Ottawa Valley Waste Recovery Centre is not immune to a trend that is occurring in recycling programs across the Province. This trend adds significant costs to a program that is partially funded by the tax payer and is currently feeling pressure from changing global recycling markets. That trend is called “wish-cycling” – when residents place items in their recycling bins, hoping they can be recycled when in fact they can’t be.
“We know people want to do the right thing. Recycling makes us feel good. But we want people to understand the problems wish-cycling causes in our recycling facility.” States Sue McCrae, General Manager of the Ottawa Valley Waste Recovery Centre.
Regular audits are conducted on incoming recycling to determine where mistakes are being made and to help guide local promotion and education programs. Audits show that 25% of the material being placed in the yellow bins (container recycling) doesn’t belong there. Everything from rope, children’s toys and cell phones to batteries and other hazardous waste is ending up in the recycling. Not to mention the endless non-recyclable plastic items – everything from dirty kitty litter boxes to gas jugs. These non-recyclable items can pose a health and safety risk to staff and can damage processing equipment. It also makes it harder for Centre employees, who hand sort recycling, to separate the material that is actually recyclable.
“It would be great if we could recycle everything. Packaging has changed and recycling looks different than it did 10 years ago.” Continues Sue McCrae. “There are many contributing factors to our ability to recycle material. The biggest factor is access to markets. We sort and separate recycling and send it to end markets to be turned into new products. But it has to make environmental and economic sense for us to do that. The transportation costs to market some of our recycling overseas and the loss in revenue for some of our marketed material is having an impact on the Centre’s budget. The loss in revenues may have to be funded by our Municipal partners. So it is a direct benefit to the tax payer to recycle correctly. Higher operating costs affect all of us.”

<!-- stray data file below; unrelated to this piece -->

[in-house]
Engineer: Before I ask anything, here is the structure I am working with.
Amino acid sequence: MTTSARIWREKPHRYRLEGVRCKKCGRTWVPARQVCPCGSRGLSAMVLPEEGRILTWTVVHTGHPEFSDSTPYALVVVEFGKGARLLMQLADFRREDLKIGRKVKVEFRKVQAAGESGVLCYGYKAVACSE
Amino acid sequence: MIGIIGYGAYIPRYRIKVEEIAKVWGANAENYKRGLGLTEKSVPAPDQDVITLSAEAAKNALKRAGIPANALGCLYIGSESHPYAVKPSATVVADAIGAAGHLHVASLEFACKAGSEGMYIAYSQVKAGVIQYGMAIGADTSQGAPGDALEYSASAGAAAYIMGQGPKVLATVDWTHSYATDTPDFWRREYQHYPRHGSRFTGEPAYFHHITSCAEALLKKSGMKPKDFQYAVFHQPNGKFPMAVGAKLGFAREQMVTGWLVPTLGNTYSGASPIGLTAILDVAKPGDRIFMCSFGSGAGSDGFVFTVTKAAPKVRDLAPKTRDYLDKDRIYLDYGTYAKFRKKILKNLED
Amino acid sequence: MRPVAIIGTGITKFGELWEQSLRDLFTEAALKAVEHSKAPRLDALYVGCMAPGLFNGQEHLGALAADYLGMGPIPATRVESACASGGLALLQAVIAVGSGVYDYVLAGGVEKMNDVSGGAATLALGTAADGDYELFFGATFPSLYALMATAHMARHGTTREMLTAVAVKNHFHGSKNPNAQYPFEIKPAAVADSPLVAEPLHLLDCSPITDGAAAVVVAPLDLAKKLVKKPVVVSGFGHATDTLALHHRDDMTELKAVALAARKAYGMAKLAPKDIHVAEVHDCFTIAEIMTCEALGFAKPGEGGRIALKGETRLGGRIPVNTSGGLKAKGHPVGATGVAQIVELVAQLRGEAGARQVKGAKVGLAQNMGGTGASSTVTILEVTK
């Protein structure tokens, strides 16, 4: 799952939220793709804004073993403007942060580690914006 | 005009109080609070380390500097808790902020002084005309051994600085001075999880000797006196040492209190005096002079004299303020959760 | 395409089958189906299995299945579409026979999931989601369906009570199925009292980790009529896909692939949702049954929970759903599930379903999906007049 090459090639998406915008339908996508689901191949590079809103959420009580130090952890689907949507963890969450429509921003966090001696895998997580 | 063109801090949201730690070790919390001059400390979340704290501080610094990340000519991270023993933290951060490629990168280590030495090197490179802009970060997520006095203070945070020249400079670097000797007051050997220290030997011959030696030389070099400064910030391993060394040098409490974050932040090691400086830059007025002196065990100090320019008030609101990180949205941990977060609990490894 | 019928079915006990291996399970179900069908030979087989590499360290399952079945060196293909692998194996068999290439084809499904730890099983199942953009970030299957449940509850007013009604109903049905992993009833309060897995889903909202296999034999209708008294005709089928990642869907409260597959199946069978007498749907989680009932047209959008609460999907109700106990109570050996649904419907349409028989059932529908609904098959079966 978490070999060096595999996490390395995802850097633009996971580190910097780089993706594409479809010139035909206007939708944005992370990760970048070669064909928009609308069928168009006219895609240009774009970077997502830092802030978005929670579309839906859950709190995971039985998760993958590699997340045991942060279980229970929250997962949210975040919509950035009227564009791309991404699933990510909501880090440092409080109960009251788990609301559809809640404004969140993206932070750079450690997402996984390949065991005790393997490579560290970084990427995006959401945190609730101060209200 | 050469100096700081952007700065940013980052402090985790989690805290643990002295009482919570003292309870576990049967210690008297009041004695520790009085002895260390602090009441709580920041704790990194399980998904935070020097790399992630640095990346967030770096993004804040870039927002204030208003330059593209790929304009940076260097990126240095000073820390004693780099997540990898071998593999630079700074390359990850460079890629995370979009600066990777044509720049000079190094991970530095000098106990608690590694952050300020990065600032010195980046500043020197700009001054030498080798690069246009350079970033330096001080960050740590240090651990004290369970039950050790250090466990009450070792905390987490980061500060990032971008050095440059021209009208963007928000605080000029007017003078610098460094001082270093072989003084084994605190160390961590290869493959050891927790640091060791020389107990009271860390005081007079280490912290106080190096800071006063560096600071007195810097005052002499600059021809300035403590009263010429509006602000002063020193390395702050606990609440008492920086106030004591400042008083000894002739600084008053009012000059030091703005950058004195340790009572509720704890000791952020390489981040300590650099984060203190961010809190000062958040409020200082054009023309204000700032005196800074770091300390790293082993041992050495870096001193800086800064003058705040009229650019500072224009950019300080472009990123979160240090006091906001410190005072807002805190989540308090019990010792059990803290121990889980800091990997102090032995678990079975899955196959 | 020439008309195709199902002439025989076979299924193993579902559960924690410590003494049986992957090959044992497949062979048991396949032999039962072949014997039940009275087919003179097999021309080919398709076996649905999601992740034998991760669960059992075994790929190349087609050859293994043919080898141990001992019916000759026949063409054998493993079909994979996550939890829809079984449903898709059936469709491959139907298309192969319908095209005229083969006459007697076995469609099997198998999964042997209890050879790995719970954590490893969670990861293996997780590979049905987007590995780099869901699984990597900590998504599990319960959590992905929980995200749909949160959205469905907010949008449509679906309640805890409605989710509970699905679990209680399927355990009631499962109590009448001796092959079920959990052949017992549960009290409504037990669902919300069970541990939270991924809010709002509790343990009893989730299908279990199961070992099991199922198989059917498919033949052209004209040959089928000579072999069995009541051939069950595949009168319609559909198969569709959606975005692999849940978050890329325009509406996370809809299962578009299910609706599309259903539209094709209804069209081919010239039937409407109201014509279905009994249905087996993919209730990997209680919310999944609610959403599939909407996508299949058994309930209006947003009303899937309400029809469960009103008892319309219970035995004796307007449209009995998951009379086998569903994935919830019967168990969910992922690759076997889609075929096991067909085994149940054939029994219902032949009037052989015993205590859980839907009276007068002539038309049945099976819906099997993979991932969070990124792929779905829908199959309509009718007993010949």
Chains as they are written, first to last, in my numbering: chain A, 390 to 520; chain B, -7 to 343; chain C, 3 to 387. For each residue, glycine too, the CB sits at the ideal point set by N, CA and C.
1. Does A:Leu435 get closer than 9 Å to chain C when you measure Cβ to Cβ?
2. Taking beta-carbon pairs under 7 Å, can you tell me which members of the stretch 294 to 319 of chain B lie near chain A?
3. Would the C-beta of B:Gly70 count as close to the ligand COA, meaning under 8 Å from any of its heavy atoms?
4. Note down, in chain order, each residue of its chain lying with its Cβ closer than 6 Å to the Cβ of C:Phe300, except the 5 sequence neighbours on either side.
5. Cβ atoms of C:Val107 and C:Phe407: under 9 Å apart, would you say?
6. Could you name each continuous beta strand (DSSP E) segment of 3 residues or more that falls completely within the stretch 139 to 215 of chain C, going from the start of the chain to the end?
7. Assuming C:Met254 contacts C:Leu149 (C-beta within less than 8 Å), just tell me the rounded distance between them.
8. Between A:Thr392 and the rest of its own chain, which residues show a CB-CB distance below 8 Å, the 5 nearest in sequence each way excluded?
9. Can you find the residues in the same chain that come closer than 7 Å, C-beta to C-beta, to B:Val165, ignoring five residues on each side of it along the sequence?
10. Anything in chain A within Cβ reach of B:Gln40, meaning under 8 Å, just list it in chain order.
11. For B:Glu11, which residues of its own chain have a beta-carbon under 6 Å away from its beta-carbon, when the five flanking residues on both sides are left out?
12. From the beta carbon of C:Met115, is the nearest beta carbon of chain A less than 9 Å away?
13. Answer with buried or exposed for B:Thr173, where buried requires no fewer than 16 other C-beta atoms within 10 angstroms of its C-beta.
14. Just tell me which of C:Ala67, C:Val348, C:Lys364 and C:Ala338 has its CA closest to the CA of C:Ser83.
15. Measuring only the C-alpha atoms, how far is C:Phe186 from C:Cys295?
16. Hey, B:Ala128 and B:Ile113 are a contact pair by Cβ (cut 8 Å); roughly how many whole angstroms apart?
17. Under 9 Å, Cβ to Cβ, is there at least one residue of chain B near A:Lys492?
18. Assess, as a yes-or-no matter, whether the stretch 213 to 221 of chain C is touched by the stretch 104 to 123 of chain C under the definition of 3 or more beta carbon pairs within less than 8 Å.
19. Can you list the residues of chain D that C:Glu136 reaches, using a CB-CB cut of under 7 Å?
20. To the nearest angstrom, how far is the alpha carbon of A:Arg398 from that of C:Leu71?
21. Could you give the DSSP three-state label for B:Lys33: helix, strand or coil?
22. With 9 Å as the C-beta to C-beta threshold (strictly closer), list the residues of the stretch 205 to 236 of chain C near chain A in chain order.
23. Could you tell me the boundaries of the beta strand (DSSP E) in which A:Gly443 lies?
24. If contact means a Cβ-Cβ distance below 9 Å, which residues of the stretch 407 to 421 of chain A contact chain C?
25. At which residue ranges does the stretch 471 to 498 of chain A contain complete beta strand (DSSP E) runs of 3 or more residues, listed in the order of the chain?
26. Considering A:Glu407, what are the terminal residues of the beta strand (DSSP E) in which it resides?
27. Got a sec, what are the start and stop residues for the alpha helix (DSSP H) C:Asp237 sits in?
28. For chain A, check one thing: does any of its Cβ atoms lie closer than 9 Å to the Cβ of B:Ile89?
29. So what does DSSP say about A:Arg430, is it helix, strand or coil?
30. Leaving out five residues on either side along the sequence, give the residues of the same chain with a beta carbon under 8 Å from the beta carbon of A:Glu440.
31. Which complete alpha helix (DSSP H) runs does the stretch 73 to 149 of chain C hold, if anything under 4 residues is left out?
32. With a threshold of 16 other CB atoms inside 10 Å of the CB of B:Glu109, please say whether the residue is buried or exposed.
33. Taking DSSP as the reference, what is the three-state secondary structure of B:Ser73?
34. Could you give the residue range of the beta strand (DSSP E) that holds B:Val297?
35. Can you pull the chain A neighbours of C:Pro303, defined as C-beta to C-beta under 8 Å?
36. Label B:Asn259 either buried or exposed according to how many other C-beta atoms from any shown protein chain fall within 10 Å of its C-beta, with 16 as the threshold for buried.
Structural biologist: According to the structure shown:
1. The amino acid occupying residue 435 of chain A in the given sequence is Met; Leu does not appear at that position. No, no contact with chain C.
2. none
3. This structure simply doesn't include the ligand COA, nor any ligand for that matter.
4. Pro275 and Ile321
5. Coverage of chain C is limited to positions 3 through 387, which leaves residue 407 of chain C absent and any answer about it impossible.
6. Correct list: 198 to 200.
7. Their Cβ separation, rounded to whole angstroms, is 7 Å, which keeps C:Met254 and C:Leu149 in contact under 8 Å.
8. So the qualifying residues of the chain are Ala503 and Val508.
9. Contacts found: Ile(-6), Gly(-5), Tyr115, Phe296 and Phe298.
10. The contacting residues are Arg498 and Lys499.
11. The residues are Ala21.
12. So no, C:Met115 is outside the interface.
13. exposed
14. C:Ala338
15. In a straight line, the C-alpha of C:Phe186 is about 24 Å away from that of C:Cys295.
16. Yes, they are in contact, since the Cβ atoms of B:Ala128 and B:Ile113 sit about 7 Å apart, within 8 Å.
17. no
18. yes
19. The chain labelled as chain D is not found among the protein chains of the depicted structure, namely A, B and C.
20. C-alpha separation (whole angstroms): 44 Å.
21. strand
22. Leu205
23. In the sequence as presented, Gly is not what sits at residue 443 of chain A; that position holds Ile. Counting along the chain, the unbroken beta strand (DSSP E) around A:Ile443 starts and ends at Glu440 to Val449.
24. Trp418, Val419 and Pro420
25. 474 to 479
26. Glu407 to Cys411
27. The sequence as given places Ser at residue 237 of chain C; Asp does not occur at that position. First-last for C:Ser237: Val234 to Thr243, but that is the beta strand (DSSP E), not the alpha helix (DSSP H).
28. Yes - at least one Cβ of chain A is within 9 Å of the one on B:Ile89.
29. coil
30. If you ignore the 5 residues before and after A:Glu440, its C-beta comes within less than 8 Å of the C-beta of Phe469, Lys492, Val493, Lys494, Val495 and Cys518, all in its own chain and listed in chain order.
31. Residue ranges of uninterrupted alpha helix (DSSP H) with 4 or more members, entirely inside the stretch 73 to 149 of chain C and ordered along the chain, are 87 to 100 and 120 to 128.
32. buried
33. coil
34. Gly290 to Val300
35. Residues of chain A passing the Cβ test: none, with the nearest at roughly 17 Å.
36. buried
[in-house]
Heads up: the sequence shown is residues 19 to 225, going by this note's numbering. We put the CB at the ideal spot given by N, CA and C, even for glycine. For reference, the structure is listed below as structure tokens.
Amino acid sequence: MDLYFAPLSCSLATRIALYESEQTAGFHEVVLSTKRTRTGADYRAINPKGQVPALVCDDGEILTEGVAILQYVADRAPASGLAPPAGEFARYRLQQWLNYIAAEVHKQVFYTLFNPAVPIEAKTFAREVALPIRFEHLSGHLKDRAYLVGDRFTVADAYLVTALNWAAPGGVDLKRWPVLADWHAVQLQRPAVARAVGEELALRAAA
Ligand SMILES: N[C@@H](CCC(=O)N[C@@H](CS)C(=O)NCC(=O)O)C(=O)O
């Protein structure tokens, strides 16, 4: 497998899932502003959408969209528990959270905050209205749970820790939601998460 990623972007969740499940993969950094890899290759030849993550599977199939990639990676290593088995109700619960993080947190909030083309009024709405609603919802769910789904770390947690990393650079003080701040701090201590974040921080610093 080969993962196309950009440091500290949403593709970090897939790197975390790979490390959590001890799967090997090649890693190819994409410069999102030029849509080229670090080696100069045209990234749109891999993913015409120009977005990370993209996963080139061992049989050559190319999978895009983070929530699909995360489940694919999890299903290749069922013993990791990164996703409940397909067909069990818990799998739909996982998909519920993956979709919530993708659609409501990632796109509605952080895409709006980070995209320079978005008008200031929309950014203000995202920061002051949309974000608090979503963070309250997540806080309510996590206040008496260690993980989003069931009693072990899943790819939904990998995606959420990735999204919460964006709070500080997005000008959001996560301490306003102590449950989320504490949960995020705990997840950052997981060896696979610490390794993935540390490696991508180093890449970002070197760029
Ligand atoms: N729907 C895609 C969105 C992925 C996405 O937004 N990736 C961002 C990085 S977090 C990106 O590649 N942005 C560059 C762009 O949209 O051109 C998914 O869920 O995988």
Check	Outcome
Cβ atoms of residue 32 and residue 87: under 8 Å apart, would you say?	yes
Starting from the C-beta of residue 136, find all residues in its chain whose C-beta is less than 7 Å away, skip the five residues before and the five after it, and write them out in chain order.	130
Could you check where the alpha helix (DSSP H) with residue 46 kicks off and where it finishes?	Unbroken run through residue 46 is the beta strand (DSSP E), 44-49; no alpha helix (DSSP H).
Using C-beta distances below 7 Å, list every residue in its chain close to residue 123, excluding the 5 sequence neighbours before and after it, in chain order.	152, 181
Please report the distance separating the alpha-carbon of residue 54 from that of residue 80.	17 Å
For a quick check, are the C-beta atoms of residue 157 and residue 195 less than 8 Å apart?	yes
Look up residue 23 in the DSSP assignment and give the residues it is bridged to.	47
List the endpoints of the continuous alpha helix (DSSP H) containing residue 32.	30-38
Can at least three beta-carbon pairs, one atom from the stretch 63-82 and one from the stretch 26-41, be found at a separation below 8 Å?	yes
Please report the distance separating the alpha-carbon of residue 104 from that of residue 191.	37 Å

Global markets for recyclable material are increasingly scarce after China recently stopped the import of many types of recyclables from around the World. “We need residents’ cooperation to ensure we can continue to produce quality material for our end markets or we risk losing access to those markets.” Adds McCrae.
It was hoped that the introduction of the Waste-Free Ontario Act and Bill 151 would help alleviate the pressure on the Municipal tax base for providing recycling programs. Under the new legislation, manufactures of packaging would be responsible to ensure those items are recycled. Until the Act is fully in place, Municipalities wait.
Laurentian Valley Mayor Steve Bennett who is Chair of the Ottawa Valley Waste Management Board recalls past market fluctuations for recyclable material. “I’ve served as Chair of the Waste Management Board for 15 years and we’ve seen market fluctuations before but this appears to be more long-term. I commend Centre staff for their ongoing commitment to producing quality products that are in demand. With increased education, hopefully people will become more aware of what actually belongs in the yellow bin and more importantly what doesn’t belong.”
To help combat wish-cycling, the Centre has undertaken a social media campaign to help educate people on what is not recyclable in their program. Elizabeth Graham, Communications Officer at the Centre describes how the campaign came to be.
“I was recently on our recycling tipping floor and kept seeing all these items that are not recyclable in our program. So I started taking pictures. And then I thought people need to see this. We can talk about numbers and audits but people need to see the items. They need to understand why we can’t recycle these items. It’s a complex issue but the comments and conversations on social media, we hope, will help raise awareness.”
The Centre’s Fall Walk Lightly Report newsletter will also be distributed the first of September and the front page is dedicated to Recycling Right and showing items that don’t belong in the yellow bin. For more information on the local recycling program visit www.ovwrc.com.